[Adapted from David Patterson’s article The Trouble with Multicore IEEE Spectrum magazine, July 2010]
The semiconductor industry has, as of the last 30 years now, been focusing on putting several microprocessors on a chip. But this has been being done with no clear notion of how such devices will in general be programmed.
Why then, has the industry taken such a gamble, just hoping that someone someday will be able to figure out how to program multiple cores/ processors? Well, it turns out, there was no alternative.
For decades, the burgeoning trend in the industry has been to squeeze as many transistors as possible on a chip. What further pushed processing power further up was the advent of microprocessors that could do several things at once. The continually reducing size of transistors and the consistent upping of microprocessor rates worked out quite well for a considerable amount of time.
However, around 2003, the whole process became stagnated. Why? Because the operating voltage could not be reduced any longer. Adding more transistors therefore caused the amount of dissipated heat for each square millimeter of silicon to go up – hitting the power wall. Try to add more transistors to a standard chip now and keeping it cool will become a problem. After all, as David Patterson puts it in the article, nobody would want a laptop that burns your lap.
So, heat problems, and failure to increase performance of a single chip has led designers to shift their focus instead on assembling multiple cores on a chip. Potentially, with several low-end microprocessors working together in parallel, you can have much more computing power.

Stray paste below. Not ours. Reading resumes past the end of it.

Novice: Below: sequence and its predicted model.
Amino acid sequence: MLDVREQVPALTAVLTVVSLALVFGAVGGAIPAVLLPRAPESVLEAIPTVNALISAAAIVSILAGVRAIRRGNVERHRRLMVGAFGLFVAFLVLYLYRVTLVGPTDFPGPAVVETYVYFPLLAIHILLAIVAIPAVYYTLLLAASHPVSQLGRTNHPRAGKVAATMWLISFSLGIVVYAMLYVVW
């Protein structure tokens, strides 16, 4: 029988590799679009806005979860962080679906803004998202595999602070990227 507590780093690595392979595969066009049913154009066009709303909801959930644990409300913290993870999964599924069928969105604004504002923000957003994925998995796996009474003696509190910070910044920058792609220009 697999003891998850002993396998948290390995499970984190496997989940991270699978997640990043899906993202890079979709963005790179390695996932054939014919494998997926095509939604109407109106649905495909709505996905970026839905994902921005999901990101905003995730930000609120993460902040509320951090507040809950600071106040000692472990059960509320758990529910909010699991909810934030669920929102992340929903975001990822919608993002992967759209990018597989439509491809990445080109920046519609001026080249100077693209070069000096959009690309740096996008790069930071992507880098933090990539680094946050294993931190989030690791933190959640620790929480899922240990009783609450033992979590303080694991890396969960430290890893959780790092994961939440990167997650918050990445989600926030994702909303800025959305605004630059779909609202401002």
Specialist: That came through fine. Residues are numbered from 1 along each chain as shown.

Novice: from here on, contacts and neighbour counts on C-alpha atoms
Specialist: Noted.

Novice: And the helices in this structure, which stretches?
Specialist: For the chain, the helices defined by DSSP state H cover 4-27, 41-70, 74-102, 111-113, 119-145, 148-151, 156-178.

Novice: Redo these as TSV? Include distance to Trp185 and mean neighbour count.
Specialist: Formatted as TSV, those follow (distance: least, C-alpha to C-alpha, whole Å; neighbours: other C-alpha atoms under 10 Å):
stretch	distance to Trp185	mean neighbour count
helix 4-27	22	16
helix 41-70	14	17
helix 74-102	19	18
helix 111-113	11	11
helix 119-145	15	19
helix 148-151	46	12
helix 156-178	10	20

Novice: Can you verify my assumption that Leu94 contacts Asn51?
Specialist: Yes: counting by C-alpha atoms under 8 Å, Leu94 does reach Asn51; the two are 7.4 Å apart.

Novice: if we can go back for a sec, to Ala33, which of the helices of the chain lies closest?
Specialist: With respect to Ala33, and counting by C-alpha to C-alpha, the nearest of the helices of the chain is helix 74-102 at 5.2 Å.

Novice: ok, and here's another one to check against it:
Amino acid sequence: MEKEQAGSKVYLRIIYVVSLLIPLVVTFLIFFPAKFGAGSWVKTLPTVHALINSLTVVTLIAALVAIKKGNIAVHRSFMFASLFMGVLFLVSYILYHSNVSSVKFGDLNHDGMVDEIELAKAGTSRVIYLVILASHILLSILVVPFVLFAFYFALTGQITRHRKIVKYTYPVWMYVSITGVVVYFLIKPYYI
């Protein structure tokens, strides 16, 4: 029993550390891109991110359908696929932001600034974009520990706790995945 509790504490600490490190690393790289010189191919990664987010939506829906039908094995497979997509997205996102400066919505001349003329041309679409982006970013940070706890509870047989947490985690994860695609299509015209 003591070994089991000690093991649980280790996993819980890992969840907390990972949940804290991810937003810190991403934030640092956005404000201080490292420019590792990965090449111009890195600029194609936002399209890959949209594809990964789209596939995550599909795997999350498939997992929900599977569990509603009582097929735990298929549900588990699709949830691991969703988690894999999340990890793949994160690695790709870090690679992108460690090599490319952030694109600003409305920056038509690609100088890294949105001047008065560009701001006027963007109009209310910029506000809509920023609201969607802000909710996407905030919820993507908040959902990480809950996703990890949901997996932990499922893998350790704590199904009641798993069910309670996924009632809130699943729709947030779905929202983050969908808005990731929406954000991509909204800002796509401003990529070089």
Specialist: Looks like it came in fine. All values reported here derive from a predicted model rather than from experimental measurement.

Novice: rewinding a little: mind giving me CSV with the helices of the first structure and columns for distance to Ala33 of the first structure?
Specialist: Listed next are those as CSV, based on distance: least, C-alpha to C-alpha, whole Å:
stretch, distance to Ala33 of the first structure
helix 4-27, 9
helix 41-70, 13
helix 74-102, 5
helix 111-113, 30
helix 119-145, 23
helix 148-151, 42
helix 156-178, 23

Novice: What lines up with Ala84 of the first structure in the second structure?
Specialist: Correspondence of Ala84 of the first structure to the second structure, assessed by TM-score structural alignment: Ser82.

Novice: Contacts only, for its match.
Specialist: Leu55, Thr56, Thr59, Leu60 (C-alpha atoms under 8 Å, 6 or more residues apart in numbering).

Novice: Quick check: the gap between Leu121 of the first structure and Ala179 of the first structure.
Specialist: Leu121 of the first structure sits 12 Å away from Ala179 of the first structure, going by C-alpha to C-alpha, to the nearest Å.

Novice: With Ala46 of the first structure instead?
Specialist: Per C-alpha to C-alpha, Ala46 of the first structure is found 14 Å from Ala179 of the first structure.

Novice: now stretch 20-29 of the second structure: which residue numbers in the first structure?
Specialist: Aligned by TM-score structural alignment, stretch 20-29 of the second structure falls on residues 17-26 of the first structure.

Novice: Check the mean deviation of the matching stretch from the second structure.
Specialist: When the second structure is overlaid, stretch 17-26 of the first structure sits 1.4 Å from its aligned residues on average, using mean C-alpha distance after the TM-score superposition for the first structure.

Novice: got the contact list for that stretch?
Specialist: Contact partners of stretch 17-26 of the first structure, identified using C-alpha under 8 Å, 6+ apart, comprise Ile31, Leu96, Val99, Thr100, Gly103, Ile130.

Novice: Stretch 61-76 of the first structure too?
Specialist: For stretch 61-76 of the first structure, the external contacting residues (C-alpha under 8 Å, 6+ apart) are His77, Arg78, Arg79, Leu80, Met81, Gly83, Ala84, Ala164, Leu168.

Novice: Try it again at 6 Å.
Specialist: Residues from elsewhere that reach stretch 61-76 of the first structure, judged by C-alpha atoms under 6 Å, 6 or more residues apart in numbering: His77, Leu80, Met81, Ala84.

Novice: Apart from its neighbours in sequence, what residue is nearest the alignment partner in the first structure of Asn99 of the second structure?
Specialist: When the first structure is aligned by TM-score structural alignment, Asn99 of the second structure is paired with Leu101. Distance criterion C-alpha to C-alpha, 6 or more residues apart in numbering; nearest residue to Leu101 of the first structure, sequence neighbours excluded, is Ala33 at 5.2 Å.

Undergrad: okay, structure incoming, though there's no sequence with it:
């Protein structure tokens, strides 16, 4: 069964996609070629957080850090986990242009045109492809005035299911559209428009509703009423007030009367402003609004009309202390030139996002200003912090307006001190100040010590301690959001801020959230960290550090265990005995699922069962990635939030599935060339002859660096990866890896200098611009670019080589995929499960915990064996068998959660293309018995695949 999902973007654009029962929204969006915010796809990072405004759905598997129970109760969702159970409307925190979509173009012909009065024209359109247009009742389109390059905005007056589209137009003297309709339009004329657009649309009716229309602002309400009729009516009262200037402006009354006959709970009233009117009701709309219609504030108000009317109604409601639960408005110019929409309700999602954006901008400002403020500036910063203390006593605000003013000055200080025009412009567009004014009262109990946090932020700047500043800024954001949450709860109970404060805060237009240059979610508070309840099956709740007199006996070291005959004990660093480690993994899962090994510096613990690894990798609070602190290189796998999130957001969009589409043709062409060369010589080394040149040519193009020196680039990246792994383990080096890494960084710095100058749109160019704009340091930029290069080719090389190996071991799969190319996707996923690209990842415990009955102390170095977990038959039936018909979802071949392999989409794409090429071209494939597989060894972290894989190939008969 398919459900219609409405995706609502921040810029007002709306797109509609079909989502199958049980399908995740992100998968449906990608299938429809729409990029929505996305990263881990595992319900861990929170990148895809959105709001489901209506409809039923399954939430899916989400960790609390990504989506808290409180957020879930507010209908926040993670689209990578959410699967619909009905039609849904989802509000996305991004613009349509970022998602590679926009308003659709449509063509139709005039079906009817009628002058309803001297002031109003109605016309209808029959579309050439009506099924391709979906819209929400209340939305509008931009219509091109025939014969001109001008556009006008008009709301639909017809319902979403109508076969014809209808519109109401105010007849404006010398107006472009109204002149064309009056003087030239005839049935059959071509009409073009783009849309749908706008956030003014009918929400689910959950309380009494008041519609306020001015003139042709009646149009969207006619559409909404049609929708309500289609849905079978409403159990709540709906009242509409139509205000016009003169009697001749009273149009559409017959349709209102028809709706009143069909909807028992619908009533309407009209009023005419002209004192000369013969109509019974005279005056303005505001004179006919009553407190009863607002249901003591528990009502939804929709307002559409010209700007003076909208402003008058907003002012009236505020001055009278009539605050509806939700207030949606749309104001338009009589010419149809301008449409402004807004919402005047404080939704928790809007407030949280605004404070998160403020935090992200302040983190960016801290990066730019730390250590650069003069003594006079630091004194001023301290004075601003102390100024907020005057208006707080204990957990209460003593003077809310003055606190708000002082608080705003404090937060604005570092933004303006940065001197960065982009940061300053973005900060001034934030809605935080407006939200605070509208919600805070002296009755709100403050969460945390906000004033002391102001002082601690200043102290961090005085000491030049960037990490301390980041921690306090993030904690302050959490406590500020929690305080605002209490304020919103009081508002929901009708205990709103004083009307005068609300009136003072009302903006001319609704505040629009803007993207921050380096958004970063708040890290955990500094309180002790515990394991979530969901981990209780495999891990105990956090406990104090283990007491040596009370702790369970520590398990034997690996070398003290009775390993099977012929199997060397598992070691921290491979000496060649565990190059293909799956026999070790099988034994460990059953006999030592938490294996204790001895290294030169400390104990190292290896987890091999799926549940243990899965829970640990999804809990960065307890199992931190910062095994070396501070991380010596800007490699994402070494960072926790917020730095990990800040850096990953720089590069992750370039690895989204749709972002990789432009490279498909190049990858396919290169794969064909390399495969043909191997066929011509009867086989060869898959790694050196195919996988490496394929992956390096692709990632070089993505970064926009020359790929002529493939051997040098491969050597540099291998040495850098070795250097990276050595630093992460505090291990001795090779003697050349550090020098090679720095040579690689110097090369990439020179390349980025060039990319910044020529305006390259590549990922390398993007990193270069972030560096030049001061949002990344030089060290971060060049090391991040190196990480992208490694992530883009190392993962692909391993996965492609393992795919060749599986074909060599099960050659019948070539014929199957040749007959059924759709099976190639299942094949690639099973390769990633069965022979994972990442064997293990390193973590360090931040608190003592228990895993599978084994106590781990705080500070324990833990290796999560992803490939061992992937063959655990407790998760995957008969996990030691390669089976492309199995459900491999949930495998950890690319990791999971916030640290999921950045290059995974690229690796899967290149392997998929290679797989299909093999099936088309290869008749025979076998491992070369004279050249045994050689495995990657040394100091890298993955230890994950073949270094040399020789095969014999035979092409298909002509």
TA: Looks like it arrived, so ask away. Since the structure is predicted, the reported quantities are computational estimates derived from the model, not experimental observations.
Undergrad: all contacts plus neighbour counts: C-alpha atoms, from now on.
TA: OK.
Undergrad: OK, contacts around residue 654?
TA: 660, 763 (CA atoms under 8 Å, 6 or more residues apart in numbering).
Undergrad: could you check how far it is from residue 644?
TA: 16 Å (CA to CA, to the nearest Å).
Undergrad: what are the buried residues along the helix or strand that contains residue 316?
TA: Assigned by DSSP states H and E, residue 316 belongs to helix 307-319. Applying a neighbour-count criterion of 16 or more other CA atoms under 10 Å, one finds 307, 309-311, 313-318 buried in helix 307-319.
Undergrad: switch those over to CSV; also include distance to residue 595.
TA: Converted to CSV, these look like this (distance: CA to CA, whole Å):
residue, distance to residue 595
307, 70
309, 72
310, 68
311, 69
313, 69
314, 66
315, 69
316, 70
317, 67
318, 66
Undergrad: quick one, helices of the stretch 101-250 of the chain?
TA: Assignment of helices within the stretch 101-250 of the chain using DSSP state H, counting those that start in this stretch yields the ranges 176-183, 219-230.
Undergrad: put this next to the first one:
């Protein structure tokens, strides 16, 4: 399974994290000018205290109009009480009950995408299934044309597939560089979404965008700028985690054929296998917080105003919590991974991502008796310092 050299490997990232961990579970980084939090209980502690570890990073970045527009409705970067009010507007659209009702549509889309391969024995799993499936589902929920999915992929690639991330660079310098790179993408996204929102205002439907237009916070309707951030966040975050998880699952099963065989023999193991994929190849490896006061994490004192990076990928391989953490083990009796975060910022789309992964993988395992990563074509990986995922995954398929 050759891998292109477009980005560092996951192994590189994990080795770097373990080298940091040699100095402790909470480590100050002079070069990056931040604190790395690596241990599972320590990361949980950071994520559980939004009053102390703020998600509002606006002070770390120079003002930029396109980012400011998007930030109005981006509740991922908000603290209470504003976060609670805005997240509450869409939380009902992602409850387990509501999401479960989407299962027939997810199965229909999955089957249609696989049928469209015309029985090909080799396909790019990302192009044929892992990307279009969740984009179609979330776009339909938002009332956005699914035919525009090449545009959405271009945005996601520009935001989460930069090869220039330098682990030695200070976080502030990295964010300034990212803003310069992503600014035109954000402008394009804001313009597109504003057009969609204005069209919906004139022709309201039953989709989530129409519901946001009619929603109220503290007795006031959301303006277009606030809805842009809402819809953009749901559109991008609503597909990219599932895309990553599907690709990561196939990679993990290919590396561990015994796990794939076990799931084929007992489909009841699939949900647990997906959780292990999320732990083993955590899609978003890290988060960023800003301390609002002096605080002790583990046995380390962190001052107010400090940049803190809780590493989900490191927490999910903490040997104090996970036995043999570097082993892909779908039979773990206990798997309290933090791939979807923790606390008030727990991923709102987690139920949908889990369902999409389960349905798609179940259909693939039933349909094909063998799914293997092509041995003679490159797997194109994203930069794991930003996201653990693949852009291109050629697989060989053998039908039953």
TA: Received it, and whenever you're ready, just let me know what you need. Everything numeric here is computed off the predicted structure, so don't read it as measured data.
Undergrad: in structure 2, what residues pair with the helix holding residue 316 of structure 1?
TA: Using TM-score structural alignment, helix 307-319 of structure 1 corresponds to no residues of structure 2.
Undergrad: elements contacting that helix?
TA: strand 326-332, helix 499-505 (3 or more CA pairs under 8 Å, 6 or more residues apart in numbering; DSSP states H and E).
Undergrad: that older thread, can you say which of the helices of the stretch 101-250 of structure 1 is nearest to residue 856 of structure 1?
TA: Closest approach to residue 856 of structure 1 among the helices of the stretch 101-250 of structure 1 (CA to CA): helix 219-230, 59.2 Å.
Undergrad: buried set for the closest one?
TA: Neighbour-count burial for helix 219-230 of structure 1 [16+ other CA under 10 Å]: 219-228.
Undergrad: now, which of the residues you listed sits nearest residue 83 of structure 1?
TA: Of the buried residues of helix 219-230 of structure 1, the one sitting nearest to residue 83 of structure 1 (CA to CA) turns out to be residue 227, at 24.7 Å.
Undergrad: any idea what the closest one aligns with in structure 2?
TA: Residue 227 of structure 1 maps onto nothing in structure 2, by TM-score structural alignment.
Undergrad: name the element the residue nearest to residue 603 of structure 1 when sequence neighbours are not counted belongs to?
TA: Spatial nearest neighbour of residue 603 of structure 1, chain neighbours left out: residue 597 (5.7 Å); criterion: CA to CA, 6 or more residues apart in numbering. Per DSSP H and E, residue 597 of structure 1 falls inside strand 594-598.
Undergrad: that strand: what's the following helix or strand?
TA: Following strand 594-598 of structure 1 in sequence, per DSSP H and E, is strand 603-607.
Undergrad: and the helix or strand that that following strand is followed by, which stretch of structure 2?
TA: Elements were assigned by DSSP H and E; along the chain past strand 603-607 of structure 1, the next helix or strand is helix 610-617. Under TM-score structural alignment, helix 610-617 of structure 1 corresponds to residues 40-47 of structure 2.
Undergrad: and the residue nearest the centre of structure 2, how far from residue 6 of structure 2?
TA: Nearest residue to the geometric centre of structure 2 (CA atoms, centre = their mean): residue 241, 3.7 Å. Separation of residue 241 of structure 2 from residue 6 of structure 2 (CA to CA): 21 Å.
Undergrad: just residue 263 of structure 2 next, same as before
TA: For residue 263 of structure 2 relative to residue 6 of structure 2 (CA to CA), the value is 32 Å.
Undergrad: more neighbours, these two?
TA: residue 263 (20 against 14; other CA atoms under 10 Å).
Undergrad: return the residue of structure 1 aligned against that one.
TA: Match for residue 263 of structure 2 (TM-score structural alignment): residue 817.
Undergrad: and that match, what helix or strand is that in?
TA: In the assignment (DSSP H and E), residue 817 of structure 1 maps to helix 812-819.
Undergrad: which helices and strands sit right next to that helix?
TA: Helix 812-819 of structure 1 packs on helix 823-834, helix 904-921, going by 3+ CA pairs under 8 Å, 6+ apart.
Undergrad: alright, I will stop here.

Welcome multicore microprocessors, or many-core microprocessors.
So the major trend change has been, instead of focusing on how to pack multiple transistors on a chip [using efficient circuitry techniques], now focus on how to pack multiple cores on a chip. The core has become the new transistor, so to say.
So why does all this make programming these chips difficult? Or why is it that we are not able to fully utilize the computing power provided to us by the standard chips shipping from Intel?
For starters, not all problems could be transformed into several smaller problems – problems that are capable of running in parallel independent of each other. Complications will arise if one of these parts cannot be completed until the other is finished. All the several parts will also have to be timed such that they finished together – otherwise the other segments will keep waiting for any segments that are still running.
Technical terms for these problems are load balancing, sequential dependencies and synchronization. And it is the job of the programmer to handle these problems. Hence the challenge.
One hope was that the right parallel programming language will make parallel programming straightforward. APL, Id, Linda, Occam, SISAL – languages have come and gone, some have even made parallel programming easier, but they haven’t succeeded in making parallel programming as fast, efficient, and flexible as traditional sequential programming languages. Hence they haven’t become very popular either.